substrate recruitment by binding to the FK506 binding protein (FKBP) and the rapamycin binding
(FRB) domain of mTOR, forming a ternary FKBP12-Rap-mTOR complex [3, 4].
Both the anticancer and immunosuppressive effects of Rap are likely due to its inhibition of
cell proliferation via mTOR, which integrates a number of signaling pathways in the cell and
has thus emerged as a major regulator of cellular proliferation and growth [7]. However,
mTOR inhibition also induces autophagy, a lysosome-dependent cellular survival mechanism
that supplies recycled nutrients by degrading obsolete cellular components [10]. Defective
autophagy may hasten aging and enable the pathogenesis of numerous diseases, including cancer
and neurodegenerative diseases [4]. Hence, autophagy induction caused by mTOR inhibition
may also explain many of the reported effects of Rap, especially neuroprotection and antiaging
effects [2, 11].
The basic autophagic process consists of autophagosome formation, autophagosome–lysosome
fusion, and lysosomal degradation [12]. Nutrient insufficiency is a potent inducer of
autophagy, in which the loss of nutrients (e.g., amino acids) causes mTOR inhibition. Subsequently,
dephosphorylation of ULK1, a major mTOR target, primes phagophore initiation
[12]. Rap can mimic the effect of starvation on ULK1-mediated autophagy induction [12].
Although all rapalogs inhibit mTOR potently, their clinical efficacies vary [13]. Rapalogs with
relatively low mTOR binding affinities (e.g., WYE-592 and ILS-920) exhibit neuroprotective
effects at least as potent as that of their counterparts with higher mTOR binding affinities [3].
Furthermore, although mTOR is inhibited much more potently by its catalytic inhibitors (e.g.
Torin-1), in vivo beneficial effects have not been observed for these potent inhibitors [14].
Hence, Rap may have other targets besides mTOR in the autophagy pathway.
Sustained autophagy requires lysosome activation, reformation, and biogenesis [12, 15, 16].
Under conditions when lysosome function is compromised, such as in neurodegenerative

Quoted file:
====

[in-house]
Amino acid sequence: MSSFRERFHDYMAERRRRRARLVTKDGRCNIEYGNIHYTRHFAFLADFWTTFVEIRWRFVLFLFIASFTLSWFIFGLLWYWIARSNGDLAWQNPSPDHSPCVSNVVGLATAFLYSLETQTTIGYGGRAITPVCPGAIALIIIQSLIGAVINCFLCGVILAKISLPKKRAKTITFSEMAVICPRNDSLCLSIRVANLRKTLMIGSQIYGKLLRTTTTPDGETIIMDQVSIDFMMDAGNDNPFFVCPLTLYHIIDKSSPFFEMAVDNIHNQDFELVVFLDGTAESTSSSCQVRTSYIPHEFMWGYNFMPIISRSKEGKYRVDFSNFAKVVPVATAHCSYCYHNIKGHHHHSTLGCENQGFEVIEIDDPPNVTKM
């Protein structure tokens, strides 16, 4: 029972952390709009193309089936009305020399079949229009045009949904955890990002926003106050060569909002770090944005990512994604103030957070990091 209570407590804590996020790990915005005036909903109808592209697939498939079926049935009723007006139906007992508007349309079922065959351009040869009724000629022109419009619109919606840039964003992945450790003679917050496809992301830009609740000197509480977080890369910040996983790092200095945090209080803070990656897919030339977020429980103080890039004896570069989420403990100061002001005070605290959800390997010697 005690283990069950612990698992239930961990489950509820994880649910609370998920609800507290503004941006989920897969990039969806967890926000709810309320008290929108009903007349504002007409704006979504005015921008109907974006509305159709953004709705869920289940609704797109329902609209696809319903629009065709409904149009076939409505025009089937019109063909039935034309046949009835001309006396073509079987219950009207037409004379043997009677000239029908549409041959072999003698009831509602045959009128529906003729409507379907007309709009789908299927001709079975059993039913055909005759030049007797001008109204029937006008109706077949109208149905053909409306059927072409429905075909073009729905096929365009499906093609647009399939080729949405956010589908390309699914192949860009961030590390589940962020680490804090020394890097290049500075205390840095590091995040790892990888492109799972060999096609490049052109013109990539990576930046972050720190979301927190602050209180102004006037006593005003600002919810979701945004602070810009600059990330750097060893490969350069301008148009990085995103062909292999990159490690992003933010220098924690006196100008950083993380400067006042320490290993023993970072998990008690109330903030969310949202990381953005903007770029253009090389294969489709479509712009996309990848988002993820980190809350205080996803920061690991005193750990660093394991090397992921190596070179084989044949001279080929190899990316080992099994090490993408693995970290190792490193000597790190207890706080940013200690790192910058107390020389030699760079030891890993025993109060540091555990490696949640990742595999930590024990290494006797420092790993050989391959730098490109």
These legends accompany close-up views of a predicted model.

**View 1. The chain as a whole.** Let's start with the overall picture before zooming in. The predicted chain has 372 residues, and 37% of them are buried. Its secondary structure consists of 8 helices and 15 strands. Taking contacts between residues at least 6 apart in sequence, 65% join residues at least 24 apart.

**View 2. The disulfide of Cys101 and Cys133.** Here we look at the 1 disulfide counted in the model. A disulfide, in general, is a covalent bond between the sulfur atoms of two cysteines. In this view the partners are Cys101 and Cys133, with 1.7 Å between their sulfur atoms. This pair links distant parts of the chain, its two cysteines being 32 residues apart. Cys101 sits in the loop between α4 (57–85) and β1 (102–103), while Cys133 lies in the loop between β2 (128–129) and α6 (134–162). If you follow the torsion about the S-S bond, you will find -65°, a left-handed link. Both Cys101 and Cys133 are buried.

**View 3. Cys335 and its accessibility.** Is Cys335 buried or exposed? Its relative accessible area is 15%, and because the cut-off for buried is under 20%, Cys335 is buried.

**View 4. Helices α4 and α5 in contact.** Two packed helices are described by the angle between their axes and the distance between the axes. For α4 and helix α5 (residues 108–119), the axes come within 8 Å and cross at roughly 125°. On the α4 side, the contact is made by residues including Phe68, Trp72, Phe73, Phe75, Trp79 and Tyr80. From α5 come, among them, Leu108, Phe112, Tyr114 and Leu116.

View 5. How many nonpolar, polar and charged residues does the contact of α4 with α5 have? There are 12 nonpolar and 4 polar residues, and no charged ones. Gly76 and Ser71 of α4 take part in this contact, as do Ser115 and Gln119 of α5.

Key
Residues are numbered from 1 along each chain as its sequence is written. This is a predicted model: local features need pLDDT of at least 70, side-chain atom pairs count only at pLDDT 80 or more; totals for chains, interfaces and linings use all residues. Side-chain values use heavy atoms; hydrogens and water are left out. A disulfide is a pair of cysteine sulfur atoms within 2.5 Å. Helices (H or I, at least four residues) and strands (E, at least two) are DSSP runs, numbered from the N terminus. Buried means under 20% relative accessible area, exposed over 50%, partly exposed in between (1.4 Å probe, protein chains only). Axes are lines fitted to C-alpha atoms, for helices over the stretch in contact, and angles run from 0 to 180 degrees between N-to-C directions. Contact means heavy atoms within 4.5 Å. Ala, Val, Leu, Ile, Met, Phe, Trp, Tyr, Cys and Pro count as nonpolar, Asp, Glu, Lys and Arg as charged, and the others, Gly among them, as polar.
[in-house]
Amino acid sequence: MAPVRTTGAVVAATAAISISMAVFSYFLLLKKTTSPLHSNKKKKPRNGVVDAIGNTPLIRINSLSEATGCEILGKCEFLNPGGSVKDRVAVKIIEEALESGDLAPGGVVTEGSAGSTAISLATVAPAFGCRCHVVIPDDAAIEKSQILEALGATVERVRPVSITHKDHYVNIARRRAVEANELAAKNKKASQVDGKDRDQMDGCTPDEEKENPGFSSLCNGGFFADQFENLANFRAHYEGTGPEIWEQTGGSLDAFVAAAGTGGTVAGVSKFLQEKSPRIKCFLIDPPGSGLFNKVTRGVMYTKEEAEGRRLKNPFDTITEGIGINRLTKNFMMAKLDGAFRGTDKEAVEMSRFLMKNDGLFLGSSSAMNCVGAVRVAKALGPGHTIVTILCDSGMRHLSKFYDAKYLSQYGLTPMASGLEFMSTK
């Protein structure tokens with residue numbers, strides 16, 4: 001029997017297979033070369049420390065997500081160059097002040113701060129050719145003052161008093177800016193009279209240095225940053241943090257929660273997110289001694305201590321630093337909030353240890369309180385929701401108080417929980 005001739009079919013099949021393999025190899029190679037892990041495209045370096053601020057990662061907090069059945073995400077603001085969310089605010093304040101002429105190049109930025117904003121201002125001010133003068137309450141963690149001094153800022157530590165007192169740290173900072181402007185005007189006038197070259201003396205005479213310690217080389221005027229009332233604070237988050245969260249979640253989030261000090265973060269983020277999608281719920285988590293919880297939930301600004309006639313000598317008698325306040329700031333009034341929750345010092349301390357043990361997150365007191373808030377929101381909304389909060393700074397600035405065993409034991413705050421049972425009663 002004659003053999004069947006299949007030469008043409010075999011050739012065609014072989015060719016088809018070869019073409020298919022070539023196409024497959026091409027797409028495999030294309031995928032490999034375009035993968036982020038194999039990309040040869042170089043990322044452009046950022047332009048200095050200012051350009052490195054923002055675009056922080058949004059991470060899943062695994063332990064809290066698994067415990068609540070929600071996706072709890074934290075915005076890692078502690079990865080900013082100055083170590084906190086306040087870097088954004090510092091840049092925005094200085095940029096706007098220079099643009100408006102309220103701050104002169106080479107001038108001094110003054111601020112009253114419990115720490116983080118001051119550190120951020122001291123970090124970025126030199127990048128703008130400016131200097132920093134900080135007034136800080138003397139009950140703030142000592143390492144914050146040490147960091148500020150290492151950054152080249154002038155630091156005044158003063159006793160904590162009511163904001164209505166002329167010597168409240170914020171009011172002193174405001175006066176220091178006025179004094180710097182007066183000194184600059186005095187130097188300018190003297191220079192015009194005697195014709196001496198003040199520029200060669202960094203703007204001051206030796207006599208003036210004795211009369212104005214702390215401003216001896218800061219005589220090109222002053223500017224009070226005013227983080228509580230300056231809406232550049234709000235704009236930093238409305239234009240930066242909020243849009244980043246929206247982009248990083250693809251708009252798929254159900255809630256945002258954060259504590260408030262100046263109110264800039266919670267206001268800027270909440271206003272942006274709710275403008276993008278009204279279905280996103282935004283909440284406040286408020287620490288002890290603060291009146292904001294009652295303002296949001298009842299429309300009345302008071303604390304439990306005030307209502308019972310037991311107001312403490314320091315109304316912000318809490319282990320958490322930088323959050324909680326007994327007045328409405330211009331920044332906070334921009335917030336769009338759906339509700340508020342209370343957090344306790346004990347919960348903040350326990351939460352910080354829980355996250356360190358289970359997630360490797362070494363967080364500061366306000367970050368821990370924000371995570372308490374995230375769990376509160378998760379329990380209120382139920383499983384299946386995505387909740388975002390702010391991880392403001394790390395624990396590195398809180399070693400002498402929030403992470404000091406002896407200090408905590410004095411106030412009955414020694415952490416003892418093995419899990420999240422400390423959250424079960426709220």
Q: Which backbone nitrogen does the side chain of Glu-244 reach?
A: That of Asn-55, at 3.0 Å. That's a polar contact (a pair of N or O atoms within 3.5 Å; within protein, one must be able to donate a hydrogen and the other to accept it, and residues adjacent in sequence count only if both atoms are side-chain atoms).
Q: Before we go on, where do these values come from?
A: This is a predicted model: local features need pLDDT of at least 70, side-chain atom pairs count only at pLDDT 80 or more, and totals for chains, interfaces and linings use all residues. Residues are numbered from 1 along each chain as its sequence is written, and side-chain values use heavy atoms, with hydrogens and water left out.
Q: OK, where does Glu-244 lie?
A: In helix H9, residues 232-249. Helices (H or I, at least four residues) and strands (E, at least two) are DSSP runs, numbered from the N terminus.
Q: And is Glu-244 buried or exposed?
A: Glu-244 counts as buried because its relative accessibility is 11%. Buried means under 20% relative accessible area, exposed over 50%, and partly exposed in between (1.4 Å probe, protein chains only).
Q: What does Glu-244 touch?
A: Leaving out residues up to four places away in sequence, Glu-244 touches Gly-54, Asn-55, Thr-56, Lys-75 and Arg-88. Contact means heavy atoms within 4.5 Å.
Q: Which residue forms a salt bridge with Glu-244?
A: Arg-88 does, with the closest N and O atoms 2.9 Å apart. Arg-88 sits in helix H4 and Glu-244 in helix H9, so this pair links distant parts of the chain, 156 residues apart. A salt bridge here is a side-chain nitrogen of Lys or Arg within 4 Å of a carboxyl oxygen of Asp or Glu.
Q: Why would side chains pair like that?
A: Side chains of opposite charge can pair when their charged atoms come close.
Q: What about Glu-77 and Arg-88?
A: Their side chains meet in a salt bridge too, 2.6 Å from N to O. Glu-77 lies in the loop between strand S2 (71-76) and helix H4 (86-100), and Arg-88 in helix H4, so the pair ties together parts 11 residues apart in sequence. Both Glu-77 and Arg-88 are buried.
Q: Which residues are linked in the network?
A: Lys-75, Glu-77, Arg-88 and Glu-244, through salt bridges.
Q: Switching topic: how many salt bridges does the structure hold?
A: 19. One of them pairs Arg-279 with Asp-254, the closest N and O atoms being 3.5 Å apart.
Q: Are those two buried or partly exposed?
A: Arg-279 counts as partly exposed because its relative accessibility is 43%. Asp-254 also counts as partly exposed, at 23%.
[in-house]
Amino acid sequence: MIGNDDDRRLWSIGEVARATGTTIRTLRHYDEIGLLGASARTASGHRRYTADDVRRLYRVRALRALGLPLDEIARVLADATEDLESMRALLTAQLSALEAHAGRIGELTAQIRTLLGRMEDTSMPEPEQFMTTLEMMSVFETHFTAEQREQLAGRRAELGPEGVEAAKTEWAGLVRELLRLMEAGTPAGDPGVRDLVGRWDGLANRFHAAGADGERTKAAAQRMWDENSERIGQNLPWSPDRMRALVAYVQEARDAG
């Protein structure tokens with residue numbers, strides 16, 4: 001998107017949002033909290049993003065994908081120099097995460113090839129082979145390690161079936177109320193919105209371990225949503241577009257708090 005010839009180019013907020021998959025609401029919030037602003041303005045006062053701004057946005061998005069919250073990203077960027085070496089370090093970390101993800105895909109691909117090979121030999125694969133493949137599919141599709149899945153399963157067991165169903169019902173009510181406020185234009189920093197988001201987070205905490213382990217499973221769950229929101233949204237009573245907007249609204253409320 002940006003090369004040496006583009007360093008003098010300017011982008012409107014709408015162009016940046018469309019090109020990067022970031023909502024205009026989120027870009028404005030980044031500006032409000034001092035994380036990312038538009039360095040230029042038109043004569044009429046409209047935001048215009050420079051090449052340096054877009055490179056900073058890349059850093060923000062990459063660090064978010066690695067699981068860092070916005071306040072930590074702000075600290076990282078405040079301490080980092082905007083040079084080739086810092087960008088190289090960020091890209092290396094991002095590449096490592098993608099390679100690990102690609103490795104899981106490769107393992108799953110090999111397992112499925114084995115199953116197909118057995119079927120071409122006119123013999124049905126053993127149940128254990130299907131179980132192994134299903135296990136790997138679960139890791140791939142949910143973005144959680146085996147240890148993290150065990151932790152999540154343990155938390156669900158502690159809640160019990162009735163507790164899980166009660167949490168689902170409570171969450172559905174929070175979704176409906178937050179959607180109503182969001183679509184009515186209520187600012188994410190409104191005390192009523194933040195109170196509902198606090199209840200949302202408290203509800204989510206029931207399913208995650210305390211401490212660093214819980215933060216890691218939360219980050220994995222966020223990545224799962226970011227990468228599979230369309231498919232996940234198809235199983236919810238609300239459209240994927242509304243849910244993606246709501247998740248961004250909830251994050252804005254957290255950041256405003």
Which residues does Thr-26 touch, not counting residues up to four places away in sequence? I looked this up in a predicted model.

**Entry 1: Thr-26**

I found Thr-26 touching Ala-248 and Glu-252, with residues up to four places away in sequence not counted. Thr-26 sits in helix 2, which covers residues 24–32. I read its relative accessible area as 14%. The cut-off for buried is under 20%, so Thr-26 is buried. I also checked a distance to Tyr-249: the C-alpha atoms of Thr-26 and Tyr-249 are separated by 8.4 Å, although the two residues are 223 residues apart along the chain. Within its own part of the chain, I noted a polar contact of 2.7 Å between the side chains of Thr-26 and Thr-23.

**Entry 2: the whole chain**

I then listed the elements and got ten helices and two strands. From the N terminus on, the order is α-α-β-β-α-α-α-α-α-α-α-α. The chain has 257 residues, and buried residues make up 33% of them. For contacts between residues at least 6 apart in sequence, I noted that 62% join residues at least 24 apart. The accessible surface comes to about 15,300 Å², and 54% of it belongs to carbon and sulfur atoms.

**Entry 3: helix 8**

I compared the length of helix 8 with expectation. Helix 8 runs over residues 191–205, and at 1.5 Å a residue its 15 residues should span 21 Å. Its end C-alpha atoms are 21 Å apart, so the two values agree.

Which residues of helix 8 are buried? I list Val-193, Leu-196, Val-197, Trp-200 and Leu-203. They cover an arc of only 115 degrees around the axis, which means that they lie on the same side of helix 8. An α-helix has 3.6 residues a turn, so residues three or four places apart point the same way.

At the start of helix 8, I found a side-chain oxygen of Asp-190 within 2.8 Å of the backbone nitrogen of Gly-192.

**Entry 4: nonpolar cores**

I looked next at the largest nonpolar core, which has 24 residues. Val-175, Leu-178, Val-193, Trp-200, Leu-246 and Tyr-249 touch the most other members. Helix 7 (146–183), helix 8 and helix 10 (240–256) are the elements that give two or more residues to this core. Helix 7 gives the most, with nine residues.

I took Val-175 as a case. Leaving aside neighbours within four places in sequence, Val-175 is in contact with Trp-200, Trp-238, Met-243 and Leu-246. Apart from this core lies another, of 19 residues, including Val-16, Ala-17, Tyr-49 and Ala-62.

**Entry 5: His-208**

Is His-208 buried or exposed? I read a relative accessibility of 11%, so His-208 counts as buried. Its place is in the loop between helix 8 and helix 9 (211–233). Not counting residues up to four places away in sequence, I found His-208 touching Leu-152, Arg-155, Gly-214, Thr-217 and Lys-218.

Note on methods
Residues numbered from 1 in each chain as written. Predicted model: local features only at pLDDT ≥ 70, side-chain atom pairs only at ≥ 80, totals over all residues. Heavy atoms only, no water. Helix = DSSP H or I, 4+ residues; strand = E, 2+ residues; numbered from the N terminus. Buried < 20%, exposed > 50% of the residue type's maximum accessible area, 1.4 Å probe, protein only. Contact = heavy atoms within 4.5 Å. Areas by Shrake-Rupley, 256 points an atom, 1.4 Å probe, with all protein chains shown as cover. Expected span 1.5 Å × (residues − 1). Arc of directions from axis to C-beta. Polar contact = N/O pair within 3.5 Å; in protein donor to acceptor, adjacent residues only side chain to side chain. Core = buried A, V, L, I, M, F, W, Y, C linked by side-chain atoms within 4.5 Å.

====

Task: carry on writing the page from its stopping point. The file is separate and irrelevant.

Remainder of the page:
Lysosomal Ca2+ channel is adiseases and lysosome storage diseases (LSDs), it is unlikely that an increase in autophagosome
formation alone could produce beneficial effects related to cellular clearance. Nutrient starvation,
a physiological inducer of autophagy, promotes both autophagosome formation and lysosome
biogenesis. Upon starvation-induced mTOR inhibition, TFEB, a key regulator of
autophagy and lysosome biogenesis [17], undergoes rapid activation via dephosphorylation
and cytosol-to-nucleus translocation [17–20]. Starvation may also activate mucolipin 1
(MCOLN1; also known as transient receptor potential channel mucolipin 1 [TRPML1]), a
lysosomal Ca2+ channel required for TFEB activation via the Ca2+-dependent phosphatase calcineurin
[21, 22]. Activation of TFEB, in turn, up-regulates TRPML1 expression [23]. Therefore,
TRPML1 and TFEB may constitute a positive-feedback loop that boosts lysosomal
biogenesis and autophagy under lysosomal stress conditions. Indeed, up-regulation of either
TFEB or TRPML1 has been reported to benefit several LSDs, including Pompe disease and
Niemann-Pick type C (NPC) disease, as well as common neurodegenerative diseases, including
Alzheimer disease [15, 17, 24, 25].
In the present study, we found that the TRPML1-TFEB-autophagy pathway is directly activated
by Rap and some rapalogs. Employing biomolecular interaction assays and whole-endolysosome
electrophysiology, we demonstrated that Rap bound directly to TRPML1 and
specifically activated TRPML1 independent of mTOR.


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  • journal.pbio.3000252.g001.PNG

Also tagged with one or more of these keywords: rapamycin, mtor, lysosomal mucolipin trp channels